Later I drew the card “Change gender to female, if you are men”. Too bad – I might have wanted my character to change to male in that case 🙂 The game drew a lot of attention and it was really interesting. I am really looking forward to reading more about their findings in the future. For more information, visit their project website.
At the end of the conference, the organisers showed us the following clip they put together, which I think is really nice:
This year’s INTERACT conference took place in Mumbai, India. It started off with field trips and workshops on Monday and Tuesday. The main conference was held from 27-29. September. The conference was extremely well organised and I am very glad that I could attend, listen to interesting talks, present our own paper, and meet so many kind and open people who do extremely interesting research.
What is INTERACT?
INTERACT is a biennial conference and is organised by the Technical Committee on Human–Computer Interaction (IFIP TC13) of the International Federation for Information Processing (IFIP). IFIP is a non-governmental umbrella organisation of national societies working in the field of Information technology. IFIP is organised through technical commitees; TC13 is the committee on Human-Computer Interaction and consists of serveral working groups. This year’s INTERACT conference was the 16th conference; the previous one took place 2015 in Bamberg (Germany). INTERACT in Bamberg was my first international conference, where I presented a paper on the use of online reviews in the design process and how they can help designers to take the perspective of the people they are designing for.
This year was the first time, that researchers could propose field trips. As the deadline for registrating one’s interest was before I was notified that our short paper was accepted, I thought that participation was not possible any more. However, Arne Berger, the organiser of one field trip saw on Twitter, that I was attending the conference and asked whether I was interested in joining one day, as there was still a free spot. Excellent opportunity indeed! The field trip Understanding The Informal Support Networks Of Older Adults in India aimed to get a nuanced view on older adults’ practices of receiving from and providing support to peers, family, friends, and neighbors. It was a two-day fieldtrip, however, I only attended on Monday. Here we were split into two groups and I was forming a group together with Dhaval Vyas (Queensland University of Technology) and Antonella De Angeli (University of Trento). We conducted two interviews during the day. The couple we interviewed first felt more comfortable speaking in Hindi, so Dhaval interviewed them, and every now and then translated his question and/or their answers in English. That was a really interesting experience and Dhaval did a great job also including us, when he translated every now and then, what was said. Of course, this was not always possible, as this would have disturbed the flow of the conversation. Something I noticed was that the idea of “older people receiving support” was challenged: This couple was not receiving support from their family in that sense. Instead, they were providing tremendous support for their children, because they took care of the grandkids.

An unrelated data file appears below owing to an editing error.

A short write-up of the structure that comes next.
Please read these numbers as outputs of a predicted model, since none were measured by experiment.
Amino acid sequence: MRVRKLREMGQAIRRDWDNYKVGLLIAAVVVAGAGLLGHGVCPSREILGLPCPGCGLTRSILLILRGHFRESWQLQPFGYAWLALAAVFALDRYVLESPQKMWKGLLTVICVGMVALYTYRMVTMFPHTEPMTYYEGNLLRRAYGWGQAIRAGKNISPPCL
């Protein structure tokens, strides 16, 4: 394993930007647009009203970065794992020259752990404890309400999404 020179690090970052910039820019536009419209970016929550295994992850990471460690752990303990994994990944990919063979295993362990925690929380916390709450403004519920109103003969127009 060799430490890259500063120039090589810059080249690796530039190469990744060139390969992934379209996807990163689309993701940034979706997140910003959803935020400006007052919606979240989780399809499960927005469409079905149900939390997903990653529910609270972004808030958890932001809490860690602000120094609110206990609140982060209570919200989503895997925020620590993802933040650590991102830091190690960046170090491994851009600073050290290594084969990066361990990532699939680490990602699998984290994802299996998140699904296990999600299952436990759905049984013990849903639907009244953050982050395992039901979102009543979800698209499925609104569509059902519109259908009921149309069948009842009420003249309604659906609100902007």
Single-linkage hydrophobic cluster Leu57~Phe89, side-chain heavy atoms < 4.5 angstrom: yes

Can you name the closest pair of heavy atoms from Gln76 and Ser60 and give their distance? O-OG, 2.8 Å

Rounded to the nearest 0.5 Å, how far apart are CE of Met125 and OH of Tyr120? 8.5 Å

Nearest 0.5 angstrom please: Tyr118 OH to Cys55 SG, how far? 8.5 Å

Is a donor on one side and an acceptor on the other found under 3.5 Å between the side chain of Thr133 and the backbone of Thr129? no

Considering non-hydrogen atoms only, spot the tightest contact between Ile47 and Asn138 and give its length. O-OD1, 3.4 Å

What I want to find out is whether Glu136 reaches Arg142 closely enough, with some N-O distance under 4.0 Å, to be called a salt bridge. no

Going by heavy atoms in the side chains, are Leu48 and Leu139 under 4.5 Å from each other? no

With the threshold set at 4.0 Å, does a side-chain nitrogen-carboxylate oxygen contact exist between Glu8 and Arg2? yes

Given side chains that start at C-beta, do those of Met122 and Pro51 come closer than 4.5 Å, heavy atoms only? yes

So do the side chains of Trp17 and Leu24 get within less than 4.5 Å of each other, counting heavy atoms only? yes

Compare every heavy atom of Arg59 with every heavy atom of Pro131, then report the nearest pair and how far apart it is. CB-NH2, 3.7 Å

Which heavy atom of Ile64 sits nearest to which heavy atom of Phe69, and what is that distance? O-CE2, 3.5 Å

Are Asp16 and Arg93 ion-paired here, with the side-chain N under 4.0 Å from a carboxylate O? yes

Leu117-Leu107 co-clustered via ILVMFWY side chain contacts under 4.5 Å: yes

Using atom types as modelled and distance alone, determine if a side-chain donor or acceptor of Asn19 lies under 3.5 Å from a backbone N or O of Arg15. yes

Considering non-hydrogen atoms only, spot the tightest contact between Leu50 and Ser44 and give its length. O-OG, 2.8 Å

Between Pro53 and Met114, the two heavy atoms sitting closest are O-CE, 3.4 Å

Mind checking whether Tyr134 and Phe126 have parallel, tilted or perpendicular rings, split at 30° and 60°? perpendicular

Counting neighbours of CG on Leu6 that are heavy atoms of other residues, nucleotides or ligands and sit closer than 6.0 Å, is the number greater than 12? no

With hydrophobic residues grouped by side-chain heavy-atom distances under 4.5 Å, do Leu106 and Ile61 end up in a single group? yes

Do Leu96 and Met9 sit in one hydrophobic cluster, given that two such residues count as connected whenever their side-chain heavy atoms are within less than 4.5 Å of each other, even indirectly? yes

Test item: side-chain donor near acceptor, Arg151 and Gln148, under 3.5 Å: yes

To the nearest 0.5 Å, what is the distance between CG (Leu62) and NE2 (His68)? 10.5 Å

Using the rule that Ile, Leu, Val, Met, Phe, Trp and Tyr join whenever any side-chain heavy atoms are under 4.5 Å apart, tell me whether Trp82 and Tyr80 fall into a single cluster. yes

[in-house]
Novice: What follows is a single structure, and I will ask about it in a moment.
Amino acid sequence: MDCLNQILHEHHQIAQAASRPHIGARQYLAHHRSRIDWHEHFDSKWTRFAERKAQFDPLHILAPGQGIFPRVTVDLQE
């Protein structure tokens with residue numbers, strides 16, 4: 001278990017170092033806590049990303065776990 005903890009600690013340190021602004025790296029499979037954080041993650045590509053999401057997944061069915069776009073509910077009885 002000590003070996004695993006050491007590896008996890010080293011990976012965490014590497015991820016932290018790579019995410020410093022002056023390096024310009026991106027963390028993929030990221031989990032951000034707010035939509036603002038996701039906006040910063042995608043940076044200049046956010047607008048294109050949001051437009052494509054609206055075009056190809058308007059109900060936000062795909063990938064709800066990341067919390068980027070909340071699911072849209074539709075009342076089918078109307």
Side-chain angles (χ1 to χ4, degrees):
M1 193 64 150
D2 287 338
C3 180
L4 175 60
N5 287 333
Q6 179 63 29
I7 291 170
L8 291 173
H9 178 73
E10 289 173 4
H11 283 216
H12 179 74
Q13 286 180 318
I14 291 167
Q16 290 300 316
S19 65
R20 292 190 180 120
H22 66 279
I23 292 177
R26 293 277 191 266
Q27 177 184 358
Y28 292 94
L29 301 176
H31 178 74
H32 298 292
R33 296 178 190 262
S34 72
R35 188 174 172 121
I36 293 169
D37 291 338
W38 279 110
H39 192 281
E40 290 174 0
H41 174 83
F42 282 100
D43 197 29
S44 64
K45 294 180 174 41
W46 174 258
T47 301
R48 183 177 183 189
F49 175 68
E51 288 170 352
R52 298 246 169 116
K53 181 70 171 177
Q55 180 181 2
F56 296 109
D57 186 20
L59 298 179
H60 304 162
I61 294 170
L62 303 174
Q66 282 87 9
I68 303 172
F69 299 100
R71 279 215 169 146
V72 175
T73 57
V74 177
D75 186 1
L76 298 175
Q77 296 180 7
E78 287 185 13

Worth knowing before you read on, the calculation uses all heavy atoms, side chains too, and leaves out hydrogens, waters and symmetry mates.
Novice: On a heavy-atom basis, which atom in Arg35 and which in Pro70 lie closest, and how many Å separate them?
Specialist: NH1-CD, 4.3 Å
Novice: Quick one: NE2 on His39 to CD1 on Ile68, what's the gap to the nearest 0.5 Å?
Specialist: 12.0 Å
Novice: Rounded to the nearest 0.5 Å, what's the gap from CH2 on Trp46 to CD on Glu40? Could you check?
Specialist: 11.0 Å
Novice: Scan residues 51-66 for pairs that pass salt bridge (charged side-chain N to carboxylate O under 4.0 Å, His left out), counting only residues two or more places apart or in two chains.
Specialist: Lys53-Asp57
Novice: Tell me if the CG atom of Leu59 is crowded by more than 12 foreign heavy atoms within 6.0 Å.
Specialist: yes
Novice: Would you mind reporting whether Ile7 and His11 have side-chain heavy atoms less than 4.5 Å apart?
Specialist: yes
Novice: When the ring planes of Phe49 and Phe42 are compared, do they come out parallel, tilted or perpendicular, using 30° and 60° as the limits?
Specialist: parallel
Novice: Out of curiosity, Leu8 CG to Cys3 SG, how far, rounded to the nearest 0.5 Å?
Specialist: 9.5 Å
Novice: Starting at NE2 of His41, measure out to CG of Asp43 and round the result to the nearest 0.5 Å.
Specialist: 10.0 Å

The second interview took place in the afternoon, where we met a 85 year old woman, who had worked as a teacher until she was 80 years old. She felt comfortable speaking English, so all of us could ask her questions. I found her to be very inspiring and positive; it was a great pleasure talking to her and learning how she goes about her day. For example, she likes playing chess on the iPad and, according to her son, her memory improved since she does this. Every evening, she meets a couple of her female friends outside the house, where they all sit on the bench, enjoy each other’s company, and watch the grandkids play. We were invited to join her when she was meeting her friends right after the interview, which was really nice, too.